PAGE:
sheep and it's impractical to bring them home, so they should be
progressively put down.

But the Australian Veterinary Association, in a rather harrowing news
release yesterday, said mass slaughter could be "an animal welfare and
environmental disaster". "There will be thousands of litres of blood",
it said; animal rights groups "have not considered that the sheep may
have to watch the slaughter, nor have they considered the welfare of
the people who would have to carry this out".

Both the Government and the industry argue against putting down the
sheep, still hopeful a destination can be found. The Government
doesn't want the sheep repatriated, because it's a long voyage and
there are quarantine difficulties; the ship's owners have canvassed
the possibility of returning them to Fremantle, although they'd much
prefer to offload them regionally.

Greens senator Bob Brown yesterday called for the ship to be ordered
back at once, saying any quarantine problems are Truss's. Meanwhile
Australian authorities are trying to continue negotiations with the
Pakistanis, despite their saying they won't take the sheep.

Animal rights advocate Peter Singer, who calls for euthanasia in this
case, insists the entire live trade is a "disgrace" that should be
stopped.

"It's a terrible ordeal for the animals at the best of times. They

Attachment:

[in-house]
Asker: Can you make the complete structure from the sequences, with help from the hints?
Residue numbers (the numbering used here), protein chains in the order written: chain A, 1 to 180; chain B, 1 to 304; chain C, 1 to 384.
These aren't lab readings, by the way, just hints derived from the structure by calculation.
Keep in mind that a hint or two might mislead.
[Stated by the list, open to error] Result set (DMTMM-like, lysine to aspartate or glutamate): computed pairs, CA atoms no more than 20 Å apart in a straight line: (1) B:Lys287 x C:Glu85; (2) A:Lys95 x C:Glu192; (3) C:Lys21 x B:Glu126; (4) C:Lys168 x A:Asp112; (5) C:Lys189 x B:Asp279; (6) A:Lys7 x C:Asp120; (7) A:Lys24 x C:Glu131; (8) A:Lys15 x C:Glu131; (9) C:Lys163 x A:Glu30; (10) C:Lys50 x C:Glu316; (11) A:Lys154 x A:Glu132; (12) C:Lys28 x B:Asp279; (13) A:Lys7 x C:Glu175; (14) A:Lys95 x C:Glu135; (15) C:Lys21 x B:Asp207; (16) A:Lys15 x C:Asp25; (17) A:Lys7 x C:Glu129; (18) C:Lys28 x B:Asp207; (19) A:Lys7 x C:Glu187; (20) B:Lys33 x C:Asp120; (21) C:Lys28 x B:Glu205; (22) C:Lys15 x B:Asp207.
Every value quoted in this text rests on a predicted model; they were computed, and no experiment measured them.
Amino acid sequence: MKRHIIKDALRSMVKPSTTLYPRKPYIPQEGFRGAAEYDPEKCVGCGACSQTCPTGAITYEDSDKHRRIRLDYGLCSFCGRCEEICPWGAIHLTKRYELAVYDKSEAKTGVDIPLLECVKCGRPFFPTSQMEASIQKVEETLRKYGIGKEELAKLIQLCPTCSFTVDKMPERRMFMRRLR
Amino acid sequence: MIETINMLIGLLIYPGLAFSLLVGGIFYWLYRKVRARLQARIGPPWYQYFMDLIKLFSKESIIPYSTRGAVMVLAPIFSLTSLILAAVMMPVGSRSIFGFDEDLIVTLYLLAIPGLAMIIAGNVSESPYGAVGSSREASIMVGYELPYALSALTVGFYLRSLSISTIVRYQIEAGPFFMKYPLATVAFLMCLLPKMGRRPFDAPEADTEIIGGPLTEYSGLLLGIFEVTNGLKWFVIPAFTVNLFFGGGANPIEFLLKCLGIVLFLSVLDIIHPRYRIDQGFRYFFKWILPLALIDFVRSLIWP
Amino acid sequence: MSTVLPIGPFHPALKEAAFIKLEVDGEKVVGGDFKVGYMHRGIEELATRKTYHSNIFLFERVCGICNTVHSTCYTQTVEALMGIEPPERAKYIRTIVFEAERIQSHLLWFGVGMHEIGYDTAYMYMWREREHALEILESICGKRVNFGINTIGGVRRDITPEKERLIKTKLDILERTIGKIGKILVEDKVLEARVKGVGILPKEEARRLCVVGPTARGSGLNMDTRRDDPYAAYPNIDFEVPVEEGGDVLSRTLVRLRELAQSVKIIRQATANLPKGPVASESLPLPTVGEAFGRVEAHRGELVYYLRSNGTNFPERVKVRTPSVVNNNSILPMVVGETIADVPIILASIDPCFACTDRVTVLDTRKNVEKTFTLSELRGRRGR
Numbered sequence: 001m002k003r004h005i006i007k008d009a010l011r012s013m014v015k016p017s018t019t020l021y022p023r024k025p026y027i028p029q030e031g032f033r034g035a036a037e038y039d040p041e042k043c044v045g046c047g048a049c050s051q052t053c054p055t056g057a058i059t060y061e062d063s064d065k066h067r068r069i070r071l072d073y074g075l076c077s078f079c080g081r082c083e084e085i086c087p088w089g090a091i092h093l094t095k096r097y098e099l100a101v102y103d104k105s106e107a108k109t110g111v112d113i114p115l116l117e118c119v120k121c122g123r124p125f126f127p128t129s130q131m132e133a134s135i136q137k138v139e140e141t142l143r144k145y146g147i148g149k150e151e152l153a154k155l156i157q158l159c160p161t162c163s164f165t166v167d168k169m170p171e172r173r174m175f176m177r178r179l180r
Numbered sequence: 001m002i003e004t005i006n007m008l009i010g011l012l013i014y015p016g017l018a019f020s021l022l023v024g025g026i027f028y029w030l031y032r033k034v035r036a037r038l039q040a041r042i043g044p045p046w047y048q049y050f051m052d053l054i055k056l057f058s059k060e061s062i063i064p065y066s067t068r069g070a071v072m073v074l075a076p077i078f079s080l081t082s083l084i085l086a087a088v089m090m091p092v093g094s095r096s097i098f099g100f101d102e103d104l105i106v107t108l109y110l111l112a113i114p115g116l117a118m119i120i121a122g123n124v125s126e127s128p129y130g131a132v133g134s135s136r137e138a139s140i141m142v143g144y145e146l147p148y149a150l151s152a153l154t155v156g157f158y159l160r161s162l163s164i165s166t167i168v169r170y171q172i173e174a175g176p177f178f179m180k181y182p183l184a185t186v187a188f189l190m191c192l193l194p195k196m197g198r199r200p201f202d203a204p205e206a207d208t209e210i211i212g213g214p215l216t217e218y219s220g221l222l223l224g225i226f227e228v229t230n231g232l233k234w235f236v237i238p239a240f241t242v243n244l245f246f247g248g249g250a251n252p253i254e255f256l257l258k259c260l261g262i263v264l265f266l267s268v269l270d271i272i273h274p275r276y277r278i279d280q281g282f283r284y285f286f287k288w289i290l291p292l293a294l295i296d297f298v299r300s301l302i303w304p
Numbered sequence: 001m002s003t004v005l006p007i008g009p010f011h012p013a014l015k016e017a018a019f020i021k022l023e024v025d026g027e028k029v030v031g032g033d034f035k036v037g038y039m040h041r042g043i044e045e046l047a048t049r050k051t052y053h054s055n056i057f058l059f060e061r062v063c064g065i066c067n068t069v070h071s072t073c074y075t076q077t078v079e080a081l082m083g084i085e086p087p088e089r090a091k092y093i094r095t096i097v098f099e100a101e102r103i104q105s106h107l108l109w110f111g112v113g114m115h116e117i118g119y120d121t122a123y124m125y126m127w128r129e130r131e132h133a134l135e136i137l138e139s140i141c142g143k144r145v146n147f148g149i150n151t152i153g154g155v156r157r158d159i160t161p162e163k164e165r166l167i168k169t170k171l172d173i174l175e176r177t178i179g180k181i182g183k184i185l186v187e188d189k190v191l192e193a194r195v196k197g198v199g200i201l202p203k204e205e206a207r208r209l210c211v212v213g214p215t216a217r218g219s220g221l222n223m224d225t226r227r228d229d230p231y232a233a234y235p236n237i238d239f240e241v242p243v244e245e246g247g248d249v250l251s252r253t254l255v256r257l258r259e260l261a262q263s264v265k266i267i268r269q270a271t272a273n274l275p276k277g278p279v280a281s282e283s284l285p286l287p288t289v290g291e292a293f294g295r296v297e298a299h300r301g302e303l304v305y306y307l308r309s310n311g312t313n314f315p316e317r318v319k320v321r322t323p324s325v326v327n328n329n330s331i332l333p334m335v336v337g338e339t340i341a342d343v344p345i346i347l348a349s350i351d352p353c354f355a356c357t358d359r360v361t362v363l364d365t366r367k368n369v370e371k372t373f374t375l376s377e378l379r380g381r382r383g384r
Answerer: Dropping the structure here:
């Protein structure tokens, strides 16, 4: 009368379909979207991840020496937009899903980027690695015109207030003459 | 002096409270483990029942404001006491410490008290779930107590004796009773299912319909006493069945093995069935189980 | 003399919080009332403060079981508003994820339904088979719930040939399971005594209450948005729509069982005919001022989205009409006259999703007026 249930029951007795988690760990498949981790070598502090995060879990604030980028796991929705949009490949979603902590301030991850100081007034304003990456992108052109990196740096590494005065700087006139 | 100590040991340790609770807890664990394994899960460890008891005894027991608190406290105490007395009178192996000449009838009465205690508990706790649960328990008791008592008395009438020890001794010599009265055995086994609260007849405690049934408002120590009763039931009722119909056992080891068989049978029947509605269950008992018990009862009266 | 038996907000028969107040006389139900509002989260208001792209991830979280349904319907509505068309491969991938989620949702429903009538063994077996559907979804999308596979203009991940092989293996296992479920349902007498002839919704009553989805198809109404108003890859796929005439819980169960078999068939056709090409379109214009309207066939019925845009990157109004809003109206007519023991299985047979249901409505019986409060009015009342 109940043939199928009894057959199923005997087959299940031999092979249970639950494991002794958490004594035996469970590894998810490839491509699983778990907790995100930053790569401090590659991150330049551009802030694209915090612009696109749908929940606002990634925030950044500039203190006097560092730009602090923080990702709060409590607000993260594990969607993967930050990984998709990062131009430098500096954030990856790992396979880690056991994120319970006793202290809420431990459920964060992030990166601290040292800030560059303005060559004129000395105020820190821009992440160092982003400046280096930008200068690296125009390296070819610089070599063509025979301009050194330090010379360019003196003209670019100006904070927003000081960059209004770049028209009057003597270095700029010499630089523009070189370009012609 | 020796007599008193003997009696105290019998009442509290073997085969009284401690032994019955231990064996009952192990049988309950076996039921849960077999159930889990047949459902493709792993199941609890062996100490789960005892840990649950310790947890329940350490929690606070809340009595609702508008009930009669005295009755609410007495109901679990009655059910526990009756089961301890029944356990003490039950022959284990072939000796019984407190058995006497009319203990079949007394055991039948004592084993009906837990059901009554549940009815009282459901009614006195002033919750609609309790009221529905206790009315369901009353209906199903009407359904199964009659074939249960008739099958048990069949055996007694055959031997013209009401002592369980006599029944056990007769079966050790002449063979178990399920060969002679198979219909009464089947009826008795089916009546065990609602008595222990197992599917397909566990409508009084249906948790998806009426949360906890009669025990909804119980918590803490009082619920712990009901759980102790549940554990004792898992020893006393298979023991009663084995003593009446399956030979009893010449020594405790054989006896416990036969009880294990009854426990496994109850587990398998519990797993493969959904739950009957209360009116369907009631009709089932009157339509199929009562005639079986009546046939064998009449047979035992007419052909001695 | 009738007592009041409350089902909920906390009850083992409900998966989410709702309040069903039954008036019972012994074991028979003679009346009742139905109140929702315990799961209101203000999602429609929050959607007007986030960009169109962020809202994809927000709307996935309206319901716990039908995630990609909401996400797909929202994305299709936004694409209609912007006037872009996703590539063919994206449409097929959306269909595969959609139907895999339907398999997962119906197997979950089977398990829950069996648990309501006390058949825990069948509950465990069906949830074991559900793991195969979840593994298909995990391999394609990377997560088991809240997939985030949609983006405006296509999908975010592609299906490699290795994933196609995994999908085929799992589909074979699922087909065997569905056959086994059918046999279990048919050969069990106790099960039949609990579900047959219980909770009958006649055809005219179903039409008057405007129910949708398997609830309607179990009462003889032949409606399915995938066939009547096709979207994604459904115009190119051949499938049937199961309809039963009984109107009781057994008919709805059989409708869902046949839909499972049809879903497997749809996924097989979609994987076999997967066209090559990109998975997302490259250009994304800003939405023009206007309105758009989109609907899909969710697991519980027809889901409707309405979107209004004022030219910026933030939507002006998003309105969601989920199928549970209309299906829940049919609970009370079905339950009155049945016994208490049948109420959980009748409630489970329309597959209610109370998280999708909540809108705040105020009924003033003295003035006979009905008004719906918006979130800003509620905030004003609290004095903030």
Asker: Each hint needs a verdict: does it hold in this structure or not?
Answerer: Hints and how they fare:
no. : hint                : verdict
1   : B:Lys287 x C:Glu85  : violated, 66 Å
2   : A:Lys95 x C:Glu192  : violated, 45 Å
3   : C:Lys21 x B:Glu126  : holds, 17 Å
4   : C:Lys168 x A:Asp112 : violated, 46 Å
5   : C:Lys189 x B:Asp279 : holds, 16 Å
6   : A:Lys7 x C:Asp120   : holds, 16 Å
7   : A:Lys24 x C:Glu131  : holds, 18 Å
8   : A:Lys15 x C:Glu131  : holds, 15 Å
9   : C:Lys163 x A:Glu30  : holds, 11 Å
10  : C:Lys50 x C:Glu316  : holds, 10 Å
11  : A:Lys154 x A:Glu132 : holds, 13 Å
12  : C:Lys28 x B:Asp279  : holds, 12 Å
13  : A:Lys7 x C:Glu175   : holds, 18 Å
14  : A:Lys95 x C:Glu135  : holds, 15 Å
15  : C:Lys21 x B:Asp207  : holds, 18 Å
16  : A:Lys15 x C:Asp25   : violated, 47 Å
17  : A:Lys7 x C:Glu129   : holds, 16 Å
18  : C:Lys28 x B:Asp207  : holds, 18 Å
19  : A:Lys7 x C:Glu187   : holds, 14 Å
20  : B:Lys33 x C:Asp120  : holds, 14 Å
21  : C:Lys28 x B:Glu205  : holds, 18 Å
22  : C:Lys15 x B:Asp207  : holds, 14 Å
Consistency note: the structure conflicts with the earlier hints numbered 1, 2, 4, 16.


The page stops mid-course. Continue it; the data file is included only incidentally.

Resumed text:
have a nightmare voyage, and then they get treated brutally after they
land, as if they were just sacks of wheat rather than living, feeling
animals. Every year or two, there is another major scandal . . . The
federal minister says that he will implement reforms, but then . . .
the same thing, or something worse, happens again."

The RSPCA opposes the live export industry, but Wirth recognises that
neither side of politics will end it. But he wants much more control
over it.

So does the Australian public. Even if Truss can solve the Cormo
Express problem quickly, what has happened in this and many other
instances should weigh on our conscience.




  #7  
Old September 25th, 2003, 01:25 AM
Thom
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Default Australians torture 60,000 sheep on a ship - Sick Aussie *******s This happenes on a regular basis!!!!!!!!

On 24 Sep 2003 03:52:13 -0700, (MrMoor) wrote:

"Peter Webb" wrote in message . au...
You are aware that if they had been allowed to land, the Saudis intended to
kill and eat them?

They do intend to eat them, the way that they are killed isn't really
slaughter, more amateur attempts at torture.


which has to do with the Australians how???

THOM
  #10  
Old September 26th, 2003, 10:29 AM
Daniel Bowen
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Default Australians torture 60,000 sheep on a ship - Sick Aussie *******s This happenes on a regular basis!!!!!!!!

"Thom" wrote in message
...
the sheep on the Dutch ship have just been sold to Iraq.


Given, actually - the Australians buying them back.
http://www.theage.com.au/articles/20...083127957.html


Daniel

--
Daniel Bowen, Melbourne, Australia
dbowen at custard dot net dot au